FIGURE 2-3 Global prevalence of preterm births, 2010.
SOURCE: Blencowe et al. (2012, Figure 3).
2009). Indeed, country rankings remained identical even when Palloni and Yonker (2012) recalculated the rates to exclude preterm births (less than 22 weeks of gestation).
Infant mortality and low birth weight are both markers of unhealthful in utero and postnatal conditions, findings that are also supported by related indicators. From birth through age 4, U.S. children lose more years of life than children in the other 16 peer countries (Palloni and Yonker, 2012). Infants who die during the first year of life, particularly preterm infants, are those at the lower tail of the distribution of newborns by health status, and low-birth-weight babies are at the extreme end of this tail. Both infant mortality and low birth weight are, in turn, influenced by maternal characteristics, including health-related behaviors (e.g., smoking, drinking, diet, and breastfeeding practices), marital and family status, maternal education, access to health care, and household and family conditions. The U.S. excess in infant mortality and the prevalence of low-birth-weight babies probably reflect both individual and societal contextual factors. For example, the United States fares poorly with respect to adolescent pregnancy and child poverty (see Chapter 6), which are, respectively, proximate and distal determinants of low birth weight and infant mortality.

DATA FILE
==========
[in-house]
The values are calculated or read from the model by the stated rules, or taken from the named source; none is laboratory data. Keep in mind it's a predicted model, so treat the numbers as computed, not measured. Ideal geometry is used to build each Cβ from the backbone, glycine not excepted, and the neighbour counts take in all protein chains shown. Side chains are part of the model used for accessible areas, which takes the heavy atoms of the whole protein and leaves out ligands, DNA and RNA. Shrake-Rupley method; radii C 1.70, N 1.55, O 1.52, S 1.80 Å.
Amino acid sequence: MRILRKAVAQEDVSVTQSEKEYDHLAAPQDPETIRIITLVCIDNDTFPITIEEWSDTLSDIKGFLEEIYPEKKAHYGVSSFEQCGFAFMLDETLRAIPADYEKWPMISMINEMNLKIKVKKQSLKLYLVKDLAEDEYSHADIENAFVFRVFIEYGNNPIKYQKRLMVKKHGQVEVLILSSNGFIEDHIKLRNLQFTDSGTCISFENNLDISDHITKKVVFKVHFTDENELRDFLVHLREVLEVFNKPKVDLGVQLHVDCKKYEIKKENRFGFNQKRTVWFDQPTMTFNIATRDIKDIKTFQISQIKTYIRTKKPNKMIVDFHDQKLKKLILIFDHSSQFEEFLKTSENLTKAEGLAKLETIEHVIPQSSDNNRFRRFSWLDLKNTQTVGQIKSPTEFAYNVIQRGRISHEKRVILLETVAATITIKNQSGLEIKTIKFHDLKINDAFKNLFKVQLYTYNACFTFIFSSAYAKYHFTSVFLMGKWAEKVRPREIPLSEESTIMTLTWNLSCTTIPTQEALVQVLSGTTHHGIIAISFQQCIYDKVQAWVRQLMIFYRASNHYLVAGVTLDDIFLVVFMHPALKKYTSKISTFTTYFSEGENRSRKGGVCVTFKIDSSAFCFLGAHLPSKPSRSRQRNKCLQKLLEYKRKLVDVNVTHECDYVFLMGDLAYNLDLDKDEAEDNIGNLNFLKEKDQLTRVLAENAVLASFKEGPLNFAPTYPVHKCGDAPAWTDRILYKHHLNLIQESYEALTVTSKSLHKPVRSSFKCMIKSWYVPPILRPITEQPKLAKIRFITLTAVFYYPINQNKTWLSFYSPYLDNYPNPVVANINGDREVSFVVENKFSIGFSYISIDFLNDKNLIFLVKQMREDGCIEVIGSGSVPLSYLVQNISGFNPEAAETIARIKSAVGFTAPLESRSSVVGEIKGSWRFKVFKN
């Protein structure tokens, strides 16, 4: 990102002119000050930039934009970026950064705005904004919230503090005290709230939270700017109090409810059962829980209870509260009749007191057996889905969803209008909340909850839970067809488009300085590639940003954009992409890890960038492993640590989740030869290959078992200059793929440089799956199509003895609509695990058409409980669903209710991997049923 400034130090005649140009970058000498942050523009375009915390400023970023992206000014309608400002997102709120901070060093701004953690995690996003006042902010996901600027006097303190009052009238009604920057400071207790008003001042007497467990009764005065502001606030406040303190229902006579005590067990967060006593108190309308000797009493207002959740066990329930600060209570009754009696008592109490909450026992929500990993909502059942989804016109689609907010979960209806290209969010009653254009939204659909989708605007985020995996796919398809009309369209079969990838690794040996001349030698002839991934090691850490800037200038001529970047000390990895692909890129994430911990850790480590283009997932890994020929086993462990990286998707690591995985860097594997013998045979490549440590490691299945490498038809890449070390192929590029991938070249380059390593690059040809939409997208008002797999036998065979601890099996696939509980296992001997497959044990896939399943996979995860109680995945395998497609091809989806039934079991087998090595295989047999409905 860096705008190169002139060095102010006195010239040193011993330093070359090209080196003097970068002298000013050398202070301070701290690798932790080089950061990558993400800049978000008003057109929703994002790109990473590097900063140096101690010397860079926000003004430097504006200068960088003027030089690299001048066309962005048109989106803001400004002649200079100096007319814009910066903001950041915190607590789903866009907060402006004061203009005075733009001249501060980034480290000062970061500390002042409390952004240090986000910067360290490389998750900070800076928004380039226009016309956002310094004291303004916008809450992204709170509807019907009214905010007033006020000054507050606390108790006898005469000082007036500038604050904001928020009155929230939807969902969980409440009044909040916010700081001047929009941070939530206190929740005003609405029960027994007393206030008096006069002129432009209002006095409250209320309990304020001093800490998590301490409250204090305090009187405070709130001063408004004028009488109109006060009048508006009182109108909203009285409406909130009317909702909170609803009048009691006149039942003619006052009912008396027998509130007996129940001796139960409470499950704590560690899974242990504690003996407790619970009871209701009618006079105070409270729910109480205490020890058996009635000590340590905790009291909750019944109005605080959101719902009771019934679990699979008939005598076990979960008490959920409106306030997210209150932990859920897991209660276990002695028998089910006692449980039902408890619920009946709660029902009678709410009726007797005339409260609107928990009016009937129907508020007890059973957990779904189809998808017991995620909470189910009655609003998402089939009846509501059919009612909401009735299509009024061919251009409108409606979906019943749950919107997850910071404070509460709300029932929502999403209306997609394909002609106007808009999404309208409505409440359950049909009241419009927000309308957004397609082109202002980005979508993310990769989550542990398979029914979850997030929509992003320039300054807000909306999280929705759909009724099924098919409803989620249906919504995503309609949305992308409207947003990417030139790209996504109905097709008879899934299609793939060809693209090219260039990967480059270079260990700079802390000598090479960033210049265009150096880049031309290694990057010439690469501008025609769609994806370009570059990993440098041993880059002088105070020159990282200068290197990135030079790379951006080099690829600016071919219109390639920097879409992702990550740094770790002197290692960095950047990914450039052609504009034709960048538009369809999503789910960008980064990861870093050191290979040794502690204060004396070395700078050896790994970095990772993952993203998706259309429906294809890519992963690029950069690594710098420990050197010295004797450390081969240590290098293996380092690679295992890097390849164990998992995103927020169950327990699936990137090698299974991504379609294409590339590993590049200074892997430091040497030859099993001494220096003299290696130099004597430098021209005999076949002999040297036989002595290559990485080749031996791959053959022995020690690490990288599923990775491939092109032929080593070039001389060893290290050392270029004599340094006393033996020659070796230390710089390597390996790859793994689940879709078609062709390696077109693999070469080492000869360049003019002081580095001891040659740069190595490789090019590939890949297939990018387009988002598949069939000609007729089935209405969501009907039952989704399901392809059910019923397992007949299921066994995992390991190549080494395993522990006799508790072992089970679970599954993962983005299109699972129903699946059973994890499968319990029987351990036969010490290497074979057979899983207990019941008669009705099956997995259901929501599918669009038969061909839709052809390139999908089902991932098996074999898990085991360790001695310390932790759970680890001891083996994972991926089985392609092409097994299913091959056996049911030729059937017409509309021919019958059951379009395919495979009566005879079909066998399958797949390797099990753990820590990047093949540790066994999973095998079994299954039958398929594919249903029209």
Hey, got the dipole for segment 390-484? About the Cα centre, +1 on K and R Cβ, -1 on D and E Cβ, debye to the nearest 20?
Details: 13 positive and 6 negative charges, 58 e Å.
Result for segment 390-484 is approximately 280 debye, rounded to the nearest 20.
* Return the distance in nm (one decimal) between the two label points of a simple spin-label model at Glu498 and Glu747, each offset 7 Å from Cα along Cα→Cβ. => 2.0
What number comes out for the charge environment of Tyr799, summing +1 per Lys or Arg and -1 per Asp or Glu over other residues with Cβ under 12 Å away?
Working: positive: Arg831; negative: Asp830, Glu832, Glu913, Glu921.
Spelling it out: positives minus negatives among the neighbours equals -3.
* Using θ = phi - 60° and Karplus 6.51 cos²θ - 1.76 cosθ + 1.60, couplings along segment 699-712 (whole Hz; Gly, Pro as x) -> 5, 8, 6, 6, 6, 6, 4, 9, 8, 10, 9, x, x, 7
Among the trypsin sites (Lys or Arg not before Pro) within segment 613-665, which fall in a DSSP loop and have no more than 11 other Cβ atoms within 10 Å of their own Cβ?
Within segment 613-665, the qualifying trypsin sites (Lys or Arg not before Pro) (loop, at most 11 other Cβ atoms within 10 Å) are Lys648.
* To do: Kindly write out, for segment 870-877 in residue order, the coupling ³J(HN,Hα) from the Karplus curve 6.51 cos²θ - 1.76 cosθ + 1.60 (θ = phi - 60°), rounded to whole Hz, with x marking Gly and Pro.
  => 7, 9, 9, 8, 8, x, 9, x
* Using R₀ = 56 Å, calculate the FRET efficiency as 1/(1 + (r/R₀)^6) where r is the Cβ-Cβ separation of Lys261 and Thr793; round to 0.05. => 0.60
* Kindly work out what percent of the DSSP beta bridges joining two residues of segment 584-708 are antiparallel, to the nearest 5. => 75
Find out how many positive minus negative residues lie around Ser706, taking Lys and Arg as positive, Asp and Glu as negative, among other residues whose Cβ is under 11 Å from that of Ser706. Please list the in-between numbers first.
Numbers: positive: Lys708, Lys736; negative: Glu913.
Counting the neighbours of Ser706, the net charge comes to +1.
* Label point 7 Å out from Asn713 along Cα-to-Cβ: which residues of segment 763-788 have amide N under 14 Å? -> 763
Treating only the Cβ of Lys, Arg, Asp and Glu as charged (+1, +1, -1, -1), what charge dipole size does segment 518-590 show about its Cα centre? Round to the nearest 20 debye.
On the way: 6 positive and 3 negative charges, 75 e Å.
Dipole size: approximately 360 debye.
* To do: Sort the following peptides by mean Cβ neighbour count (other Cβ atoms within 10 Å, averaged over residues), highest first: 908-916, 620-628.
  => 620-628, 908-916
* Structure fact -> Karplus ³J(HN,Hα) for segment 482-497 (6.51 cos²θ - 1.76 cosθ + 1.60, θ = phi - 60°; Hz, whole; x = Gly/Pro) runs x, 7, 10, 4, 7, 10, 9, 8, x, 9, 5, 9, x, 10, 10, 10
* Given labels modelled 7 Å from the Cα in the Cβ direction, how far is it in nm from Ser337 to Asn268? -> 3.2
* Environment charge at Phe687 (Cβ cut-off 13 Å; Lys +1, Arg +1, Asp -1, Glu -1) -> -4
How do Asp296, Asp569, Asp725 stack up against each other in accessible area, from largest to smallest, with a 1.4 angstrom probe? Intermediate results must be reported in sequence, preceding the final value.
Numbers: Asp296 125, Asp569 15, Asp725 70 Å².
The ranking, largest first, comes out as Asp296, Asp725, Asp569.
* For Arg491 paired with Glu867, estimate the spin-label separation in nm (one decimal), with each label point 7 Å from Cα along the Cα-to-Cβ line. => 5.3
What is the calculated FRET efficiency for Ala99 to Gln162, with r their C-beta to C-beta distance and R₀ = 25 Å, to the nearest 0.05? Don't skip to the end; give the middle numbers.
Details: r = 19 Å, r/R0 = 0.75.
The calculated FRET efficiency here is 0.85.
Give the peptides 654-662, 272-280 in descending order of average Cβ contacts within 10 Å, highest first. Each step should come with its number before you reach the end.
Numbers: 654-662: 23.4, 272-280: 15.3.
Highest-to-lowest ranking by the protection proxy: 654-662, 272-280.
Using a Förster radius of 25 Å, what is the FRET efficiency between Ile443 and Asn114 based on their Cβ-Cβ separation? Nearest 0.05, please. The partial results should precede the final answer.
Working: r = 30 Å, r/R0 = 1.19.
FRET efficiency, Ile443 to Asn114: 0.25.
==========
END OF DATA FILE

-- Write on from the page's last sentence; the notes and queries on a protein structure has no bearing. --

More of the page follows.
Data are available to track trends over time in U.S. infant mortality and birth weight relative to other countries. By the early 1960s, the average infant mortality rate among peer countries had dropped to the U.S. rate, and by the 1970s the United States began to develop a disadvantage in infant mortality (Viner, 2012) (see Figure 2-4). Although U.S. infant